First Person / Yes, I'm old: But I'm getting used to it; in fact, it's pretty nice
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A red-headed, teenage skateboarder recently told me that, in his opinion, "Skateboards make old people crazy."
He softened his comment slightly when he said, "But not you. You're old but you ain't crazy ... yet."
So I'm old, eh? It must really show if a 14-year-old kid can spot it curbside.
I've resolved not to dwell on the subject, but just a few months ago, my grandsons brought up the challenge of fitting 80 lighted candles on my birthday cake. It turned into a Sunday dinner geometry problem that confounded the entire family. The 23-year-old solved it.
I feel like Old Age has finally caught-up with me near the end of a long race and he and I have decided to jog the last mile or so together. He's not going to sprint in, and neither am I. There's too much to see. Too much to hear. To much to talk about.
It took a while to get used to retirement's idleness ... "the unprogrammed lifestyle."
It would have been much easier on my wife Janny if I had become a golf fanatic or a Mr. Fix-it. Perhaps being a car buff would have been good.
But I never found such a new and rewarding crusade. Consequently, I remain faithful to the same diversions I've enjoyed since 60 closed in on me: reading, music, writing and politics.
Perhaps it's best that I have no serious leisure commitments for I do occasionally lose track of things. I'm frequently stumped by our Zip code or a familiar neighbor's last name. Our new street address is often missing from my brain and watching "Jeopardy" has become 30 minutes of Chinese water torture. Still, I press on, confident that it's only the minutiae that's fading.
When I retired, I became my own daytime music program director. Seeking to satisfy Janny's tastes as well as my own, I adopted a sort of condominium Muzak policy of something semi-classical and sorta nifty for everyone. I failed badly.
Then, with a small speaker in my den, I allowed the spirit of each morning to make the music decisions for me alone. I could do Irish tunes for two hours or Chopin or Bach or Mozart. At times, the U.S. Marine Corps Marching Band would pass in review. And, to my surprise, bluegrass moved into my quiet hours as I enjoyed the sounds of banjos, fiddles and steel guitar. "Oh, blue moon of Kentucky keep on a shinin' ..."
They told me in the hospital that the elderly often come to crave rich foods and big dinners. So what happened to me? All I seem to crave is ice-cold orange sections and bananas. Peaches and grapes, too.
And then there's my current love affair with sourdough bread. My preferred pickles have become Claussen's crispy, refrigerated dills.
I'd also like to know why I still must have banana Popsicles, just like those at "Red" Meister's Corner Deli in Avalon when I was growing up. Will my coffee always remain a dark-roasted blend? And is it sinful for me, after dinner, to add a jigger of Brandy to my second cup?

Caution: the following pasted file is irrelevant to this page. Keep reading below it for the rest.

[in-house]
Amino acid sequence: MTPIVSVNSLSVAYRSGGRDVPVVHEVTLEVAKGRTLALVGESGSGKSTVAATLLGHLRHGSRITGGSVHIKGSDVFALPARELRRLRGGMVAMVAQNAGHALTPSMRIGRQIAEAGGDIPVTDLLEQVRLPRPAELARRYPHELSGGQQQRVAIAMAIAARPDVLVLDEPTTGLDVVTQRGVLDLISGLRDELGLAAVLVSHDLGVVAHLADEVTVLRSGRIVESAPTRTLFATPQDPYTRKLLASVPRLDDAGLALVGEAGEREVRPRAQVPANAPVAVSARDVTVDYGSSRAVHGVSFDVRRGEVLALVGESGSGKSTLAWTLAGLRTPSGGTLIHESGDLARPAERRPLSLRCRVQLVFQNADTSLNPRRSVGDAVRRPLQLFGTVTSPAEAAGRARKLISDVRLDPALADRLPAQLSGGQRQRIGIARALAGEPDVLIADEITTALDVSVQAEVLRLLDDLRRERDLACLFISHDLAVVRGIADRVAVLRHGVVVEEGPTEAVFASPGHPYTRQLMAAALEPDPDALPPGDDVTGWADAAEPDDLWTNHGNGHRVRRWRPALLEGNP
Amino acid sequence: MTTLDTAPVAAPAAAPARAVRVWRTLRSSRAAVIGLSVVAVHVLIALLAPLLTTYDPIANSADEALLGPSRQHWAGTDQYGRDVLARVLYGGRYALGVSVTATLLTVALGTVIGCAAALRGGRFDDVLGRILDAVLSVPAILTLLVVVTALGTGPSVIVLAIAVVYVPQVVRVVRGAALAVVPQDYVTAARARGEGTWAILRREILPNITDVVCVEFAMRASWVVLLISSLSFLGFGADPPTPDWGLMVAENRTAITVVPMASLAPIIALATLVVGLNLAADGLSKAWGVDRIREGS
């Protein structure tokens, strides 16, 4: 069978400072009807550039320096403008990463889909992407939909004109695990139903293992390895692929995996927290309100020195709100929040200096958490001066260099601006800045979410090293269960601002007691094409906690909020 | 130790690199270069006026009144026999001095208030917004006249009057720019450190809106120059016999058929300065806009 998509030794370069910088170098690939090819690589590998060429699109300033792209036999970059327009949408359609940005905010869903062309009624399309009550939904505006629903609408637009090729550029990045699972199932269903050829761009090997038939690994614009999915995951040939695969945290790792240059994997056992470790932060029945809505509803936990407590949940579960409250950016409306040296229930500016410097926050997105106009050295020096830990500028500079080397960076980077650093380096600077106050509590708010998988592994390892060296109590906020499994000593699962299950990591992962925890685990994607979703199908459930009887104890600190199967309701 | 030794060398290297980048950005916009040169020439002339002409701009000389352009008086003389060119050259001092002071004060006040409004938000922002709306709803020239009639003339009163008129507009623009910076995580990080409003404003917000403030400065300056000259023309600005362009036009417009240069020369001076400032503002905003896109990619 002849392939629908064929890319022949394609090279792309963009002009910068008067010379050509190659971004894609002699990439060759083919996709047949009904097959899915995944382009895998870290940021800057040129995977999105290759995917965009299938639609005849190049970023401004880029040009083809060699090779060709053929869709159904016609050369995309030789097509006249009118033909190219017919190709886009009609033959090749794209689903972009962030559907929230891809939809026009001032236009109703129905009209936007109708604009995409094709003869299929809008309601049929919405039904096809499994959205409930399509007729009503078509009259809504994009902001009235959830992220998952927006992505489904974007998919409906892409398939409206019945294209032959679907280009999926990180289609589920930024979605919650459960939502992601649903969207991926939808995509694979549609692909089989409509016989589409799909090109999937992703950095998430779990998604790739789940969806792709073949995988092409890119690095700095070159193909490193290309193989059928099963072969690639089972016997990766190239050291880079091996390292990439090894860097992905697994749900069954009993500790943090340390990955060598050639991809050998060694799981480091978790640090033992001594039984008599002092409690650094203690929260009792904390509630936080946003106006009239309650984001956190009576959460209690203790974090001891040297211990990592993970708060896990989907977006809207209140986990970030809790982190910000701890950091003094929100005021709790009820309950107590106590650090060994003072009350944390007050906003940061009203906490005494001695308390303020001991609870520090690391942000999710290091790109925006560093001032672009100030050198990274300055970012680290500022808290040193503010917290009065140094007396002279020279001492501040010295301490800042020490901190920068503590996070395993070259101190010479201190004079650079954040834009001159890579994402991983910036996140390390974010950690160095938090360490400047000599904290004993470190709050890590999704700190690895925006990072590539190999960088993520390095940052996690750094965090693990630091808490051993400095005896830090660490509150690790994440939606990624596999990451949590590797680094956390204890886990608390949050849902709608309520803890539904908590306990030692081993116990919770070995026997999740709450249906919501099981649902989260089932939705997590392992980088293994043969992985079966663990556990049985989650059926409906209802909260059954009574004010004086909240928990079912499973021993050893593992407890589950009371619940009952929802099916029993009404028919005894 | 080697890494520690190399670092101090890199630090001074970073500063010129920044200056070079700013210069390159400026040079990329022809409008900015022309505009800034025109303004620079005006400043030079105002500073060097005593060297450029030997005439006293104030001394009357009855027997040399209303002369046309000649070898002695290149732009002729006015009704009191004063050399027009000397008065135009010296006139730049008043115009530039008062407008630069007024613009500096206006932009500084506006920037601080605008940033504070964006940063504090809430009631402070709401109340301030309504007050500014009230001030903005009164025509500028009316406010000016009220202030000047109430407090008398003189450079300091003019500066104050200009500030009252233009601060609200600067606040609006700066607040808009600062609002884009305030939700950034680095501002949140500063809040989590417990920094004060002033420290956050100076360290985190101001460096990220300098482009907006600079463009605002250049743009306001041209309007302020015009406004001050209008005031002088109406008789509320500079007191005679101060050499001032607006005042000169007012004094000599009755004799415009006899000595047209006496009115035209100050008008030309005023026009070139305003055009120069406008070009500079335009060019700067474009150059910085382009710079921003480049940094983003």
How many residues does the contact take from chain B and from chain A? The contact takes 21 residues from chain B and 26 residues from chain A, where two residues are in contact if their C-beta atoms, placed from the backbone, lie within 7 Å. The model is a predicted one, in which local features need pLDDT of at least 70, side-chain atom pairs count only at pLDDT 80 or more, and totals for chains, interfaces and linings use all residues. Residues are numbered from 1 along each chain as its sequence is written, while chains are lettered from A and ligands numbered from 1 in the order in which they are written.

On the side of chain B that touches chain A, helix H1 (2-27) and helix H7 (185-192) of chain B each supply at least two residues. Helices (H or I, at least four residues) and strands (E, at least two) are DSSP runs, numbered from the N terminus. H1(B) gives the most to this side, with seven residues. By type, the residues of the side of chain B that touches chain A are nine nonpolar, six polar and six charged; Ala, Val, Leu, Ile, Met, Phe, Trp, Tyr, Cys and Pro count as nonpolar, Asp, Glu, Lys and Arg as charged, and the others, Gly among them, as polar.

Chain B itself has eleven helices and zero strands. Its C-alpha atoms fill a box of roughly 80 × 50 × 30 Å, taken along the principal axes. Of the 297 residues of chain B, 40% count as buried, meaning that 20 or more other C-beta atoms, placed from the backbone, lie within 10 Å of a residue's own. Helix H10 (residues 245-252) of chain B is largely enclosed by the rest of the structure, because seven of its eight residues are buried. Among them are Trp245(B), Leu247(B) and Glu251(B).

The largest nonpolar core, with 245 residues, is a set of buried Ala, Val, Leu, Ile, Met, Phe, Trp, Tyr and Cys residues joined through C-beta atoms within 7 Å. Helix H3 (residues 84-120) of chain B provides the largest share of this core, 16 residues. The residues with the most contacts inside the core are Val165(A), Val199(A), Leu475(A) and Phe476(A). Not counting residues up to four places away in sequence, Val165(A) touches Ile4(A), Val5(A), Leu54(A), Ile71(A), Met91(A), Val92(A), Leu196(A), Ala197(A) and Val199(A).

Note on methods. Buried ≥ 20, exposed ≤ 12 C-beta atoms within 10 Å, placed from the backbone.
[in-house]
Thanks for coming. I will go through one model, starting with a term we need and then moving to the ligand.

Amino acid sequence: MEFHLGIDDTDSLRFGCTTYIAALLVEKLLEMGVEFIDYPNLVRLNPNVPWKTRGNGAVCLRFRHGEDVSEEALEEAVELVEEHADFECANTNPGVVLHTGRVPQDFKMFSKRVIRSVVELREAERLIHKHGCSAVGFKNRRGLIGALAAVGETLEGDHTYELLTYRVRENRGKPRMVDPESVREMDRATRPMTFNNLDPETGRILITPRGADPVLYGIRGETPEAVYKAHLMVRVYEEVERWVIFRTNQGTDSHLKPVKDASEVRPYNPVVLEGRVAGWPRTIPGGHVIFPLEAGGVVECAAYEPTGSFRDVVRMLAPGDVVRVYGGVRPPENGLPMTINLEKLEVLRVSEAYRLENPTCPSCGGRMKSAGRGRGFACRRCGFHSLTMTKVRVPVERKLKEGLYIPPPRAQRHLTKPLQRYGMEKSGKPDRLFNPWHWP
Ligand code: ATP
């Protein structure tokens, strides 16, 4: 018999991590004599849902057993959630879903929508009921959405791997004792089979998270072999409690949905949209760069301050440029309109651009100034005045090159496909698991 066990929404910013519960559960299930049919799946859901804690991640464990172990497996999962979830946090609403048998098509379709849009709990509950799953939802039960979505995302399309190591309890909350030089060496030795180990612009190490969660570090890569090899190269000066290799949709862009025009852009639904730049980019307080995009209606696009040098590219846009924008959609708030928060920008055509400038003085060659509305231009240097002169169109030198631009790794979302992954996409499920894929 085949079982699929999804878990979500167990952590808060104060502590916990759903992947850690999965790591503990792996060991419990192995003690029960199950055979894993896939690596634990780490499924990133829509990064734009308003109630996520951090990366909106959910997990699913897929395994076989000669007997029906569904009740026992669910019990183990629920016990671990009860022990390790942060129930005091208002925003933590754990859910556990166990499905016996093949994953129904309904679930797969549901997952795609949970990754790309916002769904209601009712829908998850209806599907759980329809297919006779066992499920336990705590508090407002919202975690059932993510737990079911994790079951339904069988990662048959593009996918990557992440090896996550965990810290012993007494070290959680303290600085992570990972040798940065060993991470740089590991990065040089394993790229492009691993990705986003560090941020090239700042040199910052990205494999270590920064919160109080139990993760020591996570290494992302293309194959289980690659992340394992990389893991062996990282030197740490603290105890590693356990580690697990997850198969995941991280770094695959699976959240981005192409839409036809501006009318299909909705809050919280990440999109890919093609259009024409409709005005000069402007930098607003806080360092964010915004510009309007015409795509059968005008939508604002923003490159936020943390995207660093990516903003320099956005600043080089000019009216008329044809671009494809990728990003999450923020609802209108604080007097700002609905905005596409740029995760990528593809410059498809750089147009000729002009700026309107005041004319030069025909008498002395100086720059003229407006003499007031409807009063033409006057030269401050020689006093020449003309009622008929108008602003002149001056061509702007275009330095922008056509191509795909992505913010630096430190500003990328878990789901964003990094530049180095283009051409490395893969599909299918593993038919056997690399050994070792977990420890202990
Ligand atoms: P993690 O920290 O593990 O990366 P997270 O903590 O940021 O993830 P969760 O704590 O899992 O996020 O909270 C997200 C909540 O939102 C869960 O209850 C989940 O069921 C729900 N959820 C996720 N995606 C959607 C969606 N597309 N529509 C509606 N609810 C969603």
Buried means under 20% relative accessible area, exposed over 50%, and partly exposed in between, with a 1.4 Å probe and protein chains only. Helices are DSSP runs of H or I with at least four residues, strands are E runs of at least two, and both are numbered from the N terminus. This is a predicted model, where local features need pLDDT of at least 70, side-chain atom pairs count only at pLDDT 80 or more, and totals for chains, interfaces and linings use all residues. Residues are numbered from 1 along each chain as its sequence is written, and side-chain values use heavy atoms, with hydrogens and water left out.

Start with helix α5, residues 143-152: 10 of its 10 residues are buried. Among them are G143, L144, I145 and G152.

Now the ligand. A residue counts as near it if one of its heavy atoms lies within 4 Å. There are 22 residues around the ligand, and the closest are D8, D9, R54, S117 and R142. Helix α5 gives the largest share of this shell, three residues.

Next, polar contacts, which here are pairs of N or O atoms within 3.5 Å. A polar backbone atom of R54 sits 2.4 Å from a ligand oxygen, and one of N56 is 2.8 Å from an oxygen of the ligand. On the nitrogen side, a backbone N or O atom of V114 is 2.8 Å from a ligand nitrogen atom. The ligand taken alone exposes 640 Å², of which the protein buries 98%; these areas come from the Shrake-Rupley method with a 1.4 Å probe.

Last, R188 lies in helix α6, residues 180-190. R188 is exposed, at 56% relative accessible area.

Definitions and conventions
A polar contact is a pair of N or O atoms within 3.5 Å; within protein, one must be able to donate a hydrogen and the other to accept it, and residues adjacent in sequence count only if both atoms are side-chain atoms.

I don't think I have ever enjoyed the sweet, sharp, sour, biting tastes of ordinary foods as much as I do today. Sometimes I feel like I might want to drink vinegar.
One aspect of old age for which I was totally unprepared was the free time to just think. A CD featuring the Washington Cathedral Boys Choir can hold me at peace for an hour and transport me hundreds of miles away, back to the chancel of my father's church on the streetcar line north of Pittsburgh.
It's a Sunday morning in Advent and I am a choirboy again, singing the Magnificat. As pure as the words were then, they are just as pure today. I know them by heart and I think about them; I wonder and I dream and I sing. And, remember.
When H. W. Longfellow wrote that "the thoughts of youth are long, long thoughts," he was referring to the "blessed little barefoot boy." But, really, how much longer are the deep, sweet thoughts of the idle elderly?
This past January, I especially noticed the grey/brown earth tones that accompany a central Florida Winter. Exploring the countryside and heading toward the Gulf of Mexico on two-lane roads is best accomplished aimlessly. Janny and I just sort of bob along, calling attention to white fences, red barns and princely horses. Do they also appreciate the advantages of no snow?
Without morning alarm clocks in my life, my day often lasts until 1 a.m. or 2 a.m. After the emails to friends and associates; after the final edition of ESPN "Sports Center" and a few more pages of whatever I'm reading, I call it "a wrap" and head for bed.
Then, the toasty-orange sunrise is upon us, both newspapers have arrived and the morning's striders are heel-toeing it over to Lake Miona. The old Square at Spanish Springs is coming alive and later today dozens of joyous line dancers will perform.
Oh, Happy Day!
First Published June 30, 2012 12:00 am